Master of Arts (MA)
Semester of Degree Completion
E. Victor Bobb
Varying concepts of law are an essential part in many of Mark Twain's works. Twain's position as an observer and critic of society is often reflected by the way he represents law and justice in his stories. His dislike of injustice and cruelty caused him to focus on these "legal" problems as a way of revealing and attacking various injustices in society. My thesis examines Twain's perception of law as he exposes it in Roughing It, Pudd'nhead Wilson, The Prince and the Pauper, and A Connecticut Yankee in King Arthur's Court. The general objective of my study is to examine Twain's philosophy of law and how his ideas are reflected in his literature. The specific aim of study is to explore Twain's tendency to present law and politics with multiple views which sometimes suffer from seeming to embody contradictory opinions.
The first half of my study examines Twain's view of American frontier law by centering on Roughing It and Pudd'nhead Wilson. Roughing It exhibits Twain's early views of lawlessness in the west and includes his suggestions for a commonsense approach to law. The areas of law covered include: desperadoism, juries, and government. Twain's approach to these subjects frequently oscillates between criticizing the lack of law and finding fault with established, but poorly administered law.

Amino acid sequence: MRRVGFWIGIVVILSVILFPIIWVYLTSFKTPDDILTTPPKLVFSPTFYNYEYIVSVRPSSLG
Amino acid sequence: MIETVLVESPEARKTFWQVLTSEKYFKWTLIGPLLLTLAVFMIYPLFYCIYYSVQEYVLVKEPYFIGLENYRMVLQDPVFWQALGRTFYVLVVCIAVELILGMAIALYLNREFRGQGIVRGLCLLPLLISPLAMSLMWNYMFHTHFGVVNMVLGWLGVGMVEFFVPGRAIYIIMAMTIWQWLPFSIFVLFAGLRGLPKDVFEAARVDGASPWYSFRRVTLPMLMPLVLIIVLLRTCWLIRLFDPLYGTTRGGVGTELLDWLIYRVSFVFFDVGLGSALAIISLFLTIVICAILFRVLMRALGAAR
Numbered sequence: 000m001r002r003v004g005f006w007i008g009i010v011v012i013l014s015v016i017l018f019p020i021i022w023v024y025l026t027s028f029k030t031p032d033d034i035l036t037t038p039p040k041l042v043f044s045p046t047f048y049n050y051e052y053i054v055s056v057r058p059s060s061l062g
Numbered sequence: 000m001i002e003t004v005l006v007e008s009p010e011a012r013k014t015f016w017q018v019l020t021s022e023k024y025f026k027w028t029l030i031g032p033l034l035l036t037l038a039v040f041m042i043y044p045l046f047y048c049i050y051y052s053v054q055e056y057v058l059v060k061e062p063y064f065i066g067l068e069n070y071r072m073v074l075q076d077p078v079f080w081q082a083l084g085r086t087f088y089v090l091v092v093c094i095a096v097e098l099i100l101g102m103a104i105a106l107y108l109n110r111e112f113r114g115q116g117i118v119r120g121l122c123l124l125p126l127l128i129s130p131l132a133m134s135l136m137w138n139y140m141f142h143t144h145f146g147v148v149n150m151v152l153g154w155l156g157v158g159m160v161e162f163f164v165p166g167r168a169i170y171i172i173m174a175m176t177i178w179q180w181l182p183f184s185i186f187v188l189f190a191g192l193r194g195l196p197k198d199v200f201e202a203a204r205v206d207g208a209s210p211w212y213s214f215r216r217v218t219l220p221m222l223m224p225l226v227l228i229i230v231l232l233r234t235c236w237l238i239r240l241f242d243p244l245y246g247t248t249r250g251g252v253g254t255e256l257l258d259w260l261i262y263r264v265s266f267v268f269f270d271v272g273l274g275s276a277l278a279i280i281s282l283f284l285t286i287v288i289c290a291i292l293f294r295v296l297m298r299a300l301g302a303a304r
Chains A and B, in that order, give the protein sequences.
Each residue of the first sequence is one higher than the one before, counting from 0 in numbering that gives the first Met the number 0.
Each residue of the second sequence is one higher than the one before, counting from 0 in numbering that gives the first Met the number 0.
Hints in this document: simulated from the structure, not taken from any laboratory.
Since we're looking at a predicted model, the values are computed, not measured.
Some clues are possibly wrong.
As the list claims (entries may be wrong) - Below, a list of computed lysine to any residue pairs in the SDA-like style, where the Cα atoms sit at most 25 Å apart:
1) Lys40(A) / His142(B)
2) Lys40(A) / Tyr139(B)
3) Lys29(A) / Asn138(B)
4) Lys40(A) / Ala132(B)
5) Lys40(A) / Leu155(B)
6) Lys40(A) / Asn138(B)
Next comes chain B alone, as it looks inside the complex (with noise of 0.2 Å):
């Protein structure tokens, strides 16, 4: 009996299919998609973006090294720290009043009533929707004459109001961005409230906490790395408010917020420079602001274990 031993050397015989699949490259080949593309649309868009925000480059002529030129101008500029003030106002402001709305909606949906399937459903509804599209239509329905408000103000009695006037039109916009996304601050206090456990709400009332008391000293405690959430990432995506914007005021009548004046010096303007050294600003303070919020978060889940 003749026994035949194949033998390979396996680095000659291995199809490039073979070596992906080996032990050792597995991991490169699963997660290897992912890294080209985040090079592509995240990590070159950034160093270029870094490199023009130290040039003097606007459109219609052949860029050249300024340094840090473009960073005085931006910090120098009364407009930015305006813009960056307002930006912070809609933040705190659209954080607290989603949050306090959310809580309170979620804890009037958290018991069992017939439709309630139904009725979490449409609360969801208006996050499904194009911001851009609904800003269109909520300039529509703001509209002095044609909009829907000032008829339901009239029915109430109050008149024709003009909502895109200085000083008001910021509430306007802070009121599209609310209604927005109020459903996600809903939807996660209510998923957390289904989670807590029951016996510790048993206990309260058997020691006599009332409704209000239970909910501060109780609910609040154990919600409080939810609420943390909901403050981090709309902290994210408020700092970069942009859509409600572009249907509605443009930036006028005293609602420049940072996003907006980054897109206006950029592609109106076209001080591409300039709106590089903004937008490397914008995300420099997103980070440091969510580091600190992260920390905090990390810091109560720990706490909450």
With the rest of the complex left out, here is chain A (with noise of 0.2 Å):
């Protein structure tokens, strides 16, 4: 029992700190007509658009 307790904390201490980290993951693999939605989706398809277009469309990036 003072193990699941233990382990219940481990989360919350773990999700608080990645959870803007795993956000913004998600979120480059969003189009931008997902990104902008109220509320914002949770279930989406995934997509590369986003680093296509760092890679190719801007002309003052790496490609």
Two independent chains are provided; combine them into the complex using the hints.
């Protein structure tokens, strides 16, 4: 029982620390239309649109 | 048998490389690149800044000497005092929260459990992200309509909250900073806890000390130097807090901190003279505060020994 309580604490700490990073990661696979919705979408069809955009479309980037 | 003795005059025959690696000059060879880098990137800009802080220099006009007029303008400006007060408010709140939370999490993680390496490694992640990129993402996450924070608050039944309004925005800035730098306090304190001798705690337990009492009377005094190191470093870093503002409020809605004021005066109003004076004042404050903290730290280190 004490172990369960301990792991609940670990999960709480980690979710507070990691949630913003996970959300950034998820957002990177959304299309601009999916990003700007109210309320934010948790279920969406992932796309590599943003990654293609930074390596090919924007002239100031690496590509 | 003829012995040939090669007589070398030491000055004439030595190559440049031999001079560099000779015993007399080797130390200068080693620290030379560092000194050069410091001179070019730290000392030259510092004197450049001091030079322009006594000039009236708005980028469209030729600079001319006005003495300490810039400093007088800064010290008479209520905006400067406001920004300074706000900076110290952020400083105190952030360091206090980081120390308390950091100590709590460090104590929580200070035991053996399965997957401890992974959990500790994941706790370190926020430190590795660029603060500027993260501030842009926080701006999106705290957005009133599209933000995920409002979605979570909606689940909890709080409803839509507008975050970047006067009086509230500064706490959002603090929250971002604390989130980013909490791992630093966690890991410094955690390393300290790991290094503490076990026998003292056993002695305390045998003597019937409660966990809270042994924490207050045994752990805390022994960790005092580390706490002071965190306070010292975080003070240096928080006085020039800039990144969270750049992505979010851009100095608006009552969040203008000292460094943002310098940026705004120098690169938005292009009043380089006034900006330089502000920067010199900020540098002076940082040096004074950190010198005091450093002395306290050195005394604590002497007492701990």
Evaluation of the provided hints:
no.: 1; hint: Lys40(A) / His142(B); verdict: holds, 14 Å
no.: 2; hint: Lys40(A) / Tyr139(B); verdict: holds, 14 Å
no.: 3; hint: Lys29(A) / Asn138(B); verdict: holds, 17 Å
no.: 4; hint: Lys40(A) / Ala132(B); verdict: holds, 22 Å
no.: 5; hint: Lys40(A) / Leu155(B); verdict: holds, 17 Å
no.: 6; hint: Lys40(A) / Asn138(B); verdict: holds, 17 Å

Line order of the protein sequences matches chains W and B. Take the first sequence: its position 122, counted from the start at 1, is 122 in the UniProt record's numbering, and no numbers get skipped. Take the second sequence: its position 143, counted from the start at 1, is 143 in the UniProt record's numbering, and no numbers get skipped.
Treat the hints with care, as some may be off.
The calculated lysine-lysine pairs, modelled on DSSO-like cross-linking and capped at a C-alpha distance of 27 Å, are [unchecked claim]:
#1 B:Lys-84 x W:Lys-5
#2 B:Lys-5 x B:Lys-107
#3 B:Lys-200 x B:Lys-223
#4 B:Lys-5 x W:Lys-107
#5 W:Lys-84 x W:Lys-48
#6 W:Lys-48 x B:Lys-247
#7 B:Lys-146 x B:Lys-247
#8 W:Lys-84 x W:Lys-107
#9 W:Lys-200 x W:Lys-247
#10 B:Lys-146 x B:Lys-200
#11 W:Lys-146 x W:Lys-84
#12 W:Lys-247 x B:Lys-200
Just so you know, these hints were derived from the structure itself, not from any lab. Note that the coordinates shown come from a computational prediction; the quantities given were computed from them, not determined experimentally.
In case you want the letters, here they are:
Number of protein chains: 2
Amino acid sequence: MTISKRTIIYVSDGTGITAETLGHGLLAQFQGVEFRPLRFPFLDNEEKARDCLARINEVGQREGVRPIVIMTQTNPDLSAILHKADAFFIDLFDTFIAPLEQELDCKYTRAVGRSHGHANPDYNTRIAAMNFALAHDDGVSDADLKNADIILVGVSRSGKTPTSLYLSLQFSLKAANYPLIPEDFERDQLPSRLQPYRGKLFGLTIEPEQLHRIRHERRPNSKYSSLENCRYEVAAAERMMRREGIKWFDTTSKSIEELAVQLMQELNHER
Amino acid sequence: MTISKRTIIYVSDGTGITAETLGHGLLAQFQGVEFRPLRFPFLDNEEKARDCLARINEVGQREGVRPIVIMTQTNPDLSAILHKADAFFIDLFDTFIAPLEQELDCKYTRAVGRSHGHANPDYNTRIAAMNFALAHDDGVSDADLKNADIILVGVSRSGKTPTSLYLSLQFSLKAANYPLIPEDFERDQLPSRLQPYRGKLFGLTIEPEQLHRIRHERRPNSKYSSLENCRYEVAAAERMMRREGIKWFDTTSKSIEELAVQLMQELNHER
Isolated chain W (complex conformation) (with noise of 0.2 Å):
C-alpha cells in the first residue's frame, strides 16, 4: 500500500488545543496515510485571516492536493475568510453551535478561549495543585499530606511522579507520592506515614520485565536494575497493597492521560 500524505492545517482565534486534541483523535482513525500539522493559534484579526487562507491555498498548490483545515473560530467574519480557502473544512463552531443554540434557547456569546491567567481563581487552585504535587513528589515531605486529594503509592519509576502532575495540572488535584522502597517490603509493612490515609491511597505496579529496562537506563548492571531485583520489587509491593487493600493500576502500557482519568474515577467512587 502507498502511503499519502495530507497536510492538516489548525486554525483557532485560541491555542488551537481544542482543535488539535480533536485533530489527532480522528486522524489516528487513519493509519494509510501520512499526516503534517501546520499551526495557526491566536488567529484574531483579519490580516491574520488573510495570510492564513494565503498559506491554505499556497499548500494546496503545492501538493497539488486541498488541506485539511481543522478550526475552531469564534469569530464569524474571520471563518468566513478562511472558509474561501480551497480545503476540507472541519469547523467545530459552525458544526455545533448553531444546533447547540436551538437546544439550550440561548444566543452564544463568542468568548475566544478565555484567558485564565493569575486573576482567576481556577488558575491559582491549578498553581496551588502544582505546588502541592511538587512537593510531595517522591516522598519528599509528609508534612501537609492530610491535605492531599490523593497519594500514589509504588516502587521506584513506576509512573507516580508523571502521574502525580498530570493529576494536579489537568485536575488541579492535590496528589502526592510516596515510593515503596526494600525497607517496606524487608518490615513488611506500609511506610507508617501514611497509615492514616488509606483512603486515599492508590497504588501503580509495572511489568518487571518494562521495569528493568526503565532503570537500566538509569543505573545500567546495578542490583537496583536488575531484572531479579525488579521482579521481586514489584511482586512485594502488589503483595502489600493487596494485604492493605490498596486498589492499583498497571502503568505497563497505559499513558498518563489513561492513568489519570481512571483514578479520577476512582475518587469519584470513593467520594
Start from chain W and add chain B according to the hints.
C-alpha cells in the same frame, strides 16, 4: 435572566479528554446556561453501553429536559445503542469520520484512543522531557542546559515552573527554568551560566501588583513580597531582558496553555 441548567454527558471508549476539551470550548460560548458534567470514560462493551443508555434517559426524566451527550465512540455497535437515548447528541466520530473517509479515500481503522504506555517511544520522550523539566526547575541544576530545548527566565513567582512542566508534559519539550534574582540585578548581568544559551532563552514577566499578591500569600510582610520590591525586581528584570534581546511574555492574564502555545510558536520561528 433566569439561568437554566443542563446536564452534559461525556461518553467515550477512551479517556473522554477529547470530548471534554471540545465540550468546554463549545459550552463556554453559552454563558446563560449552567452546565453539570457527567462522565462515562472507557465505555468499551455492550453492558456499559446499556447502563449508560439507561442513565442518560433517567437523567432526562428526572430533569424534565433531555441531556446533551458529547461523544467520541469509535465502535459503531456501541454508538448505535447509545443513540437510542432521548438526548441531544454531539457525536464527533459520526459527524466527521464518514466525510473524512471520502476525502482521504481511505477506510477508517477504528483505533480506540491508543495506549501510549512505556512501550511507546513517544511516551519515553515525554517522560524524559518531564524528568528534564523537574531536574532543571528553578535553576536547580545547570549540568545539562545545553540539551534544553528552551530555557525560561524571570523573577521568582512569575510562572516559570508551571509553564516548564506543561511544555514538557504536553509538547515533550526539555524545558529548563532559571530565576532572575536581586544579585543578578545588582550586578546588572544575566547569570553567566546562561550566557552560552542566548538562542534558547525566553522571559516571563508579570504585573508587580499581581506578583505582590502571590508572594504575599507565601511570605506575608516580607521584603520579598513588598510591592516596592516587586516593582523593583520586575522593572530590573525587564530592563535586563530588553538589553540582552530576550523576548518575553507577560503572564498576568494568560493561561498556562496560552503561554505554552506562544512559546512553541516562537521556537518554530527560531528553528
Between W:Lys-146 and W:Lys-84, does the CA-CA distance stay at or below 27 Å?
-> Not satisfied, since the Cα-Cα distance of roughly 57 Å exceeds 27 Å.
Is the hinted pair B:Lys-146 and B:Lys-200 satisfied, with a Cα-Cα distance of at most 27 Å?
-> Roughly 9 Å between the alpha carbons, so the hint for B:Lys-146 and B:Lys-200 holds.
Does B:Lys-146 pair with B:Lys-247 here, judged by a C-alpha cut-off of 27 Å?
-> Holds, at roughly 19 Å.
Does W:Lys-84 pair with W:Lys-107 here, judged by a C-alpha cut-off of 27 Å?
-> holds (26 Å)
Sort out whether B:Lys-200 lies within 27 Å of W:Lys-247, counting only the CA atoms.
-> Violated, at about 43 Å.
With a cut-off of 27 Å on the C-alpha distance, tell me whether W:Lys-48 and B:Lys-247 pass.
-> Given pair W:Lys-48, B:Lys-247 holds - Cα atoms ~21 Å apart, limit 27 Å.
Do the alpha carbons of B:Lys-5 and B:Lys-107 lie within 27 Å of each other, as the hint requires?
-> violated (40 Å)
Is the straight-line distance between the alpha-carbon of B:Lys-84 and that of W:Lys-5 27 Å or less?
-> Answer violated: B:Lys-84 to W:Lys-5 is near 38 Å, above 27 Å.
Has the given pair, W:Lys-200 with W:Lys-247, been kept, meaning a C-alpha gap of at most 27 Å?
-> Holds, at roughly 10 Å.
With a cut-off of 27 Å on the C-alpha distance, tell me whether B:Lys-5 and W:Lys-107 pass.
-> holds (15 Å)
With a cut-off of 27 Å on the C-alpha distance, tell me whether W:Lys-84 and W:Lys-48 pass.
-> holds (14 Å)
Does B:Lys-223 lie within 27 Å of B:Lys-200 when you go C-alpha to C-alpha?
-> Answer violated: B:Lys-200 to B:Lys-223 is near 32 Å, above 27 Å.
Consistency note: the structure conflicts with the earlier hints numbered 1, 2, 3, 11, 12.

Pudd'nhead Wilson continues Twain's critical approach to law and justice with the location changing to the antebellum southwest. The regimented code of law in this novel fails to secure justice because it suffers from existing within the framework of slavery, which is supported by antebellum aristocractic privileges and traditions. Pudd'nhead Wilson demonstrates how traditionally entrenched laws and customs prove unyielding even to creative and innovative methods (fingerprinting and crime detection) for securing justice. The pessimism concerning law in this novel differs from Roughing It's tone of youthful speculations and suggestions for law in a new frontier.
The second half of my study examines Twain's political comparison of democracy to monarchy and despotic rule. The Prince and the Pauper and A Connecticut Yankee in King Arthur's Court reveal many of Twain's thoughts concerning justice and government. His criticisms of the appalling injustices in these supposedly outworn and alien systems suggests the inherent injustice in law and government, not merely historically, but even in Twain's nineteenth century America. Twain examines man's inability to find solutions to injustice and inefficient government, and Twain's moral outrage often results in multiple and contradictory presentations. Democracy and technology in A Connecticut Yankee initially appear to be solutions for oppressed people, but the inability of the common man to accept and use these innovations properly, ultimately results in failure and destruction in the novel's ending. Twain's inability to envision or propose a consistent system for securing justice reveals his changeable and unresolved approach to the difficult issues of law, government and justice.
Weigel, Jeff Andrew, "The Law and Mark Twain" (1985). Masters Theses. 2779.